One of my commitments to myself each year is to read both professionally and for pleasure on a regular basis. Don't get me wrong, I love to read. I just don't always have a lot of bandwidth left by the time I sit down with a book in the evening. [Translation: I'm falling asleep more than I'm reading.] That being the case, I have had to be creative to fit my reading time in. I keep a book with me most of the time. Whenever I have a few minutes of waiting time, I read. Some days I'm inching my way through my book and other days, I'm flying. [It beats falling asleep and rereading the same page over and over.] 😴
Oh my goodness! This is a must read for anyone who aspires to help children become amazing, thoughtful writers. This is one of those resources that does it all. It is informative, helpful and passionate. It is a must read for any teacher who teaches writing K-12.
It is impossible to become a great writer in a vacuum. Feedback is important to our growth as writers (and lots of other things), and so it is for our students as well. It's so easy to let the daily pressures and the latest bandwagon in education to distract us from our real goals in the classroom. Yes, there are pretty, shiny new ways to teach. Yes, it is exciting to do something new. And yes, some of the "new" is worthwhile. However, there is only so much time in one day, one week and one school year. We simply have to choose. We cannot do it all and do it well. Sometimes that means getting rid of or limiting some of the bells and whistles in favor of some solid, quiet work time. Give your students the gift of time (to write).
If we want exponential growth in writing for our students, some of the choices we need to make are:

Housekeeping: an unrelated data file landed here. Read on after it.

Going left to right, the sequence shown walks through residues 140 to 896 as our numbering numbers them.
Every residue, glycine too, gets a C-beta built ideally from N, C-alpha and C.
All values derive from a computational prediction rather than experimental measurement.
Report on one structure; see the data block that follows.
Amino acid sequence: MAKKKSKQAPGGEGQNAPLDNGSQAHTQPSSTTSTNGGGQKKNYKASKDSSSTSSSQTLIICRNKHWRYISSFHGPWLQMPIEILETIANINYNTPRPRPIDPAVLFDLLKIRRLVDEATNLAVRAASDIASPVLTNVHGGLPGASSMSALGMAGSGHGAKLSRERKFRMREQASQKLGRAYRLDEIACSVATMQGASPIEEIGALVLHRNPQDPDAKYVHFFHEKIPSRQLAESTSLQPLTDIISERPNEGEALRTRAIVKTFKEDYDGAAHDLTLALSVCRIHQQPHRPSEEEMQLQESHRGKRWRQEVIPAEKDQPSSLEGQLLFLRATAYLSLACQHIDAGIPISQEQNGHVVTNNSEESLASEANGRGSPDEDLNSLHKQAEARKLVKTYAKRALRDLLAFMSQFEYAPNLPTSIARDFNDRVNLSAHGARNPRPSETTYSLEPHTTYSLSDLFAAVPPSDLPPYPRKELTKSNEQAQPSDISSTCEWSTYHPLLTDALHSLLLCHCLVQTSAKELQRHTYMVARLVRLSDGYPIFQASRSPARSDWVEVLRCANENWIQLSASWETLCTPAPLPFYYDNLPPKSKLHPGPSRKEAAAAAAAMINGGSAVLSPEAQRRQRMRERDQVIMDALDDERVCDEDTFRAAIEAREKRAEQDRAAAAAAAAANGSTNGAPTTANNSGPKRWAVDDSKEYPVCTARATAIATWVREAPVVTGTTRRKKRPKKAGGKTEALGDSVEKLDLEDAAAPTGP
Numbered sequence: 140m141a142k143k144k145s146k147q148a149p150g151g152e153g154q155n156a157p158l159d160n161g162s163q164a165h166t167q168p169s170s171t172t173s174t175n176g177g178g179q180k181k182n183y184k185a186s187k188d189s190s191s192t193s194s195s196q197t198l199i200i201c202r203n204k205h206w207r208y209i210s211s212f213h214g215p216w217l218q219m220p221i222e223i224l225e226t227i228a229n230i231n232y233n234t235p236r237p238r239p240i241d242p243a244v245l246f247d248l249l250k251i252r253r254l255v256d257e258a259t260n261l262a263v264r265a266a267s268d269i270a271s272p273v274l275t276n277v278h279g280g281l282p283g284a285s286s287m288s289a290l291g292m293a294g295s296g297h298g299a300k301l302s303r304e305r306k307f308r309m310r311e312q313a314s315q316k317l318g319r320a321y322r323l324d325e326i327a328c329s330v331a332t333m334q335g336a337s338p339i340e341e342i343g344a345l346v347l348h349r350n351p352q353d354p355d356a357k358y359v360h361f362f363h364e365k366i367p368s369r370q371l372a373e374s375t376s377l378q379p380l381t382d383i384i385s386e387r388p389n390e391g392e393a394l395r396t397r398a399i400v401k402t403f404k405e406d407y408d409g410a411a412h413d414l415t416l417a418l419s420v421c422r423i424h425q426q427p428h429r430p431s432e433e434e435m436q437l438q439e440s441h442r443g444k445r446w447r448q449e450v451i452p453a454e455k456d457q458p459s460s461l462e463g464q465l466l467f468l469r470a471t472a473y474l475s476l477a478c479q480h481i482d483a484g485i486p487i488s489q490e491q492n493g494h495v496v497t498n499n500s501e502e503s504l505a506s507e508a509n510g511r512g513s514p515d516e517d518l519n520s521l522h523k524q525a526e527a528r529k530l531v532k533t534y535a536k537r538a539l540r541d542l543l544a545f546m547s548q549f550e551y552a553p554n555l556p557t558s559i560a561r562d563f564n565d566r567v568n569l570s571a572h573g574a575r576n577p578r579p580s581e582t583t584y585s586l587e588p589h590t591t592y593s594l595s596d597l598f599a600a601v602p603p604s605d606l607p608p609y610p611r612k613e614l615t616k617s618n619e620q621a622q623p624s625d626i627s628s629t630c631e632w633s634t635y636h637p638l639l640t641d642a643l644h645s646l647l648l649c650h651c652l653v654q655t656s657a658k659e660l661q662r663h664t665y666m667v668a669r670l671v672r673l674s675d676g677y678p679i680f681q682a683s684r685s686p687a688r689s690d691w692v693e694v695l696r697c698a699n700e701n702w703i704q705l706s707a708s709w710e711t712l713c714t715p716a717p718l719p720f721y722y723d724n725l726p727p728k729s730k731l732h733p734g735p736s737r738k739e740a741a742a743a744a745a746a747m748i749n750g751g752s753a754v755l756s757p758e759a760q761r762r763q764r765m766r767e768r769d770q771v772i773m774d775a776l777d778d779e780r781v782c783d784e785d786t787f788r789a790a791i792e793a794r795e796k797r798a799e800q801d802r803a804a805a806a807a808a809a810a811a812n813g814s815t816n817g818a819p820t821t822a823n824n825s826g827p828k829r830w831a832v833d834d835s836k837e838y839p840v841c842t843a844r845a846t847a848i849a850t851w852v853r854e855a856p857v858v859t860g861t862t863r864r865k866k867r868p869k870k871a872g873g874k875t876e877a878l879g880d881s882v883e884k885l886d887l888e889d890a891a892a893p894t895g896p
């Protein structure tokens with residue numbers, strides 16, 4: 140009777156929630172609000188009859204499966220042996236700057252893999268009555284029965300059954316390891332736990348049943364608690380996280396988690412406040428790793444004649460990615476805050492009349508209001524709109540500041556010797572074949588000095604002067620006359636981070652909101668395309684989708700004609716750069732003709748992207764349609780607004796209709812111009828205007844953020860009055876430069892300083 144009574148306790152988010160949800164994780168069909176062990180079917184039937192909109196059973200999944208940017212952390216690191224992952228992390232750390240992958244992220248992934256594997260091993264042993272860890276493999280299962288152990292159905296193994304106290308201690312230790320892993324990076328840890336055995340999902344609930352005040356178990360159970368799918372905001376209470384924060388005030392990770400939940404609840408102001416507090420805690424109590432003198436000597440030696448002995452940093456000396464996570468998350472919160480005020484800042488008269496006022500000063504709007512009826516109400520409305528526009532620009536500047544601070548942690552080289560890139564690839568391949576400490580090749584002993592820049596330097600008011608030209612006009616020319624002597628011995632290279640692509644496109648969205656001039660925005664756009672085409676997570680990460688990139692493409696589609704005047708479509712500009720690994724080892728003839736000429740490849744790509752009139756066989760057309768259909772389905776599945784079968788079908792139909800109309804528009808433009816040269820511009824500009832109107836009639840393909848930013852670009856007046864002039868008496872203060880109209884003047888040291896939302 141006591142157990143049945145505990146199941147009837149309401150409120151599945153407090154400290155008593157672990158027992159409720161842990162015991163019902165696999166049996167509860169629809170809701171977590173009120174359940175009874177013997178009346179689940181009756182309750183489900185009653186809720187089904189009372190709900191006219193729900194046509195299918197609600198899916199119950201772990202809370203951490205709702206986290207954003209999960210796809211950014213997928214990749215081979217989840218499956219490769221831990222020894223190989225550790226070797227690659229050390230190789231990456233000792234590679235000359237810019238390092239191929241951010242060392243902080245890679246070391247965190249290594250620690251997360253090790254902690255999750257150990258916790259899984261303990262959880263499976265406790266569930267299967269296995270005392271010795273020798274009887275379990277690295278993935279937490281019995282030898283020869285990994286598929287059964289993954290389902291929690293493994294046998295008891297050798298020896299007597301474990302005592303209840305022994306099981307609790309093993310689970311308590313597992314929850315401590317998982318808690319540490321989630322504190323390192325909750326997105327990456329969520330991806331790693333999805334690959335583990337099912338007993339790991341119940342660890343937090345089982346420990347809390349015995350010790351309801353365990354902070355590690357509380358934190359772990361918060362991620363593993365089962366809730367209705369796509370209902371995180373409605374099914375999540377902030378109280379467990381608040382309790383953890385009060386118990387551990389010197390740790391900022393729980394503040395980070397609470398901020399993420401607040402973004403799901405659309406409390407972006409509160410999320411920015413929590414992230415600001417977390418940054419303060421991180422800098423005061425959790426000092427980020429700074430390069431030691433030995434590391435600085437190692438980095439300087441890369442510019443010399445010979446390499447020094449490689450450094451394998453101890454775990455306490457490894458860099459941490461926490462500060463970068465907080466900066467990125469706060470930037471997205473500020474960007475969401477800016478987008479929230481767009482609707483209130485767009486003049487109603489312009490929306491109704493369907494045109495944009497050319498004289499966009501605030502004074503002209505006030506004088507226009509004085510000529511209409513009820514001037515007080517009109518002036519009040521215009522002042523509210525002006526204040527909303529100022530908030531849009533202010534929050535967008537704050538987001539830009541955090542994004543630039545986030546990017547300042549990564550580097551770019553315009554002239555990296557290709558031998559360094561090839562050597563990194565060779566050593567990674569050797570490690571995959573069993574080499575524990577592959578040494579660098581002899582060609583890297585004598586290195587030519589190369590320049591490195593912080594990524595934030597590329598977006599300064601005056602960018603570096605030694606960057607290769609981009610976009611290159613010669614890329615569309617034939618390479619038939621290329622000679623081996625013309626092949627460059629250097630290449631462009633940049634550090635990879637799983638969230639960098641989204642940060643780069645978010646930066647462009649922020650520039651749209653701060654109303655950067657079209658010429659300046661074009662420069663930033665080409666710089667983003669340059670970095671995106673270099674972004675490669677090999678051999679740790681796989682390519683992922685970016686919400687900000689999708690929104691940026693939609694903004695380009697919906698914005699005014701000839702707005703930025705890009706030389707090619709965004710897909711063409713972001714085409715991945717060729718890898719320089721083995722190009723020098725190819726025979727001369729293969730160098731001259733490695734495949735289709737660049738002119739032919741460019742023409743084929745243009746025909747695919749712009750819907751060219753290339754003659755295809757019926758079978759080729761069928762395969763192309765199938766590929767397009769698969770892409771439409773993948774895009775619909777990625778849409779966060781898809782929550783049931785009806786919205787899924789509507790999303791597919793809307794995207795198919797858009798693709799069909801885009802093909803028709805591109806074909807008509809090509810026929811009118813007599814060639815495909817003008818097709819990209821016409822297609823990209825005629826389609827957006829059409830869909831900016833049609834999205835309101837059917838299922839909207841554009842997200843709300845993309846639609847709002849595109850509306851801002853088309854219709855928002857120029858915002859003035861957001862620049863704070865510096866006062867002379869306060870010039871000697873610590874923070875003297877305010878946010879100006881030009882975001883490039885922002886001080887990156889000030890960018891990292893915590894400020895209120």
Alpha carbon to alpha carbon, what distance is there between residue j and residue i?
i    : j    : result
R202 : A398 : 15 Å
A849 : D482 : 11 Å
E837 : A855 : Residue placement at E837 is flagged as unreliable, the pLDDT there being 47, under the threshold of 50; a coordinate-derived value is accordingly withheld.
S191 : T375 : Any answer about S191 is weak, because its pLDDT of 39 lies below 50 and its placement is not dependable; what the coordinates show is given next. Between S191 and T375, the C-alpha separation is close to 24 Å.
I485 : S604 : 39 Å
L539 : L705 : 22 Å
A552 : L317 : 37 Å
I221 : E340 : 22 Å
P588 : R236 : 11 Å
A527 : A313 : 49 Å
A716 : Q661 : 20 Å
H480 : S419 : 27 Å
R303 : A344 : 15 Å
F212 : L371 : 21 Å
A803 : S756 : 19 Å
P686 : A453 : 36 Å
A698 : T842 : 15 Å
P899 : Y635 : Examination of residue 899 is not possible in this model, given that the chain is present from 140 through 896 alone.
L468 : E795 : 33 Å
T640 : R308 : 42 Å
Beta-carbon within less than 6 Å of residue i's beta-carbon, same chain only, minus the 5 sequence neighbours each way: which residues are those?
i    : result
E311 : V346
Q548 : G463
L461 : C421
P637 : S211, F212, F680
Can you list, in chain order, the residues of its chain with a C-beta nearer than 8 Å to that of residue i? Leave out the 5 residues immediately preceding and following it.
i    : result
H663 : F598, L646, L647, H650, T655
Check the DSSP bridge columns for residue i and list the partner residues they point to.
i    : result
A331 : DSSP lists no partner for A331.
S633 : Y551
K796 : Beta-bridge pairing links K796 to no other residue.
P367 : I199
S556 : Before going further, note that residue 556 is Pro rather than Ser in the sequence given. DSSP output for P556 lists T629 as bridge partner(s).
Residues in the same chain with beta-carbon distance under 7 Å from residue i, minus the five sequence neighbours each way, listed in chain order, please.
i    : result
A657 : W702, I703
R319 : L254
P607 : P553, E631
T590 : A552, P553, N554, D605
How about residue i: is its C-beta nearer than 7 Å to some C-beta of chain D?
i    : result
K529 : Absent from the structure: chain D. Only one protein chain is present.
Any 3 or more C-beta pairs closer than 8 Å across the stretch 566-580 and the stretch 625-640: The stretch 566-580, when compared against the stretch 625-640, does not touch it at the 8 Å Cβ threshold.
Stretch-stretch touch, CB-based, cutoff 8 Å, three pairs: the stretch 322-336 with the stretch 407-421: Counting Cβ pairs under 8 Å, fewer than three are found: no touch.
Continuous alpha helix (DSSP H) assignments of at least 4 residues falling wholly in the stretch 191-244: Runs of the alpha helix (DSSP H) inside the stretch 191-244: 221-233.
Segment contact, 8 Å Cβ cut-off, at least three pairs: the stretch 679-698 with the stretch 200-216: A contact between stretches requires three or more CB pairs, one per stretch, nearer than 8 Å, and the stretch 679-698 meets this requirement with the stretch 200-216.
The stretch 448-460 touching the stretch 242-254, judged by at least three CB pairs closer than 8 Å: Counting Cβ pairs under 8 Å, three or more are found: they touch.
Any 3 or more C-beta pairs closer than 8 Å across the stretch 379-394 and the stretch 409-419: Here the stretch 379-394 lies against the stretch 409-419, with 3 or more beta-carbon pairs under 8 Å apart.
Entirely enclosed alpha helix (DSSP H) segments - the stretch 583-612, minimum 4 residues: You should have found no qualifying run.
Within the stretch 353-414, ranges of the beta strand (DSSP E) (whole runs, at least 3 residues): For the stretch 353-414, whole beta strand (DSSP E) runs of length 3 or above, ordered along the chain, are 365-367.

Practice writing ourselves.
Use your own writing as an example for teaching.
Provide time for students to write every day (or several times a week).
Give regular, solid feedback to our students.
Provide students with authentic writing opportunities.
Give students as much choice within assignments as we can.
Teach students to reflect on their writing.
Walk the line between feedback and grading.
Giving and receiving feedback forces us to slow down just a bit and have some conversations. I know, it sounds time consuming and impossible. Never fear. Ms. McGee has lots of great ideas for how to make this work within the bounds of a real classroom. Notice I didn't say after school or at home while grading writing papers. Right up my alley! Feedback that moves our writers forward all done as students are busy writing in class. Win!
Bonus: All of her forms are right in her book and available to be downloaded online and used for free as well.
One last thought... there is growing usage of simpler rubrics for grading writing. A simplified rubric has only the proficient expectations for each graded area listed. The high end and low end are not listed. It makes for faster rubric creation and they're easier for students to decipher. These rubrics focus on feedback and improvement as opposed to checklists of items. Here's a sample tailored to assessing a few specific items. See what you think.
What is the best professional book you have read? Share it in the comments below.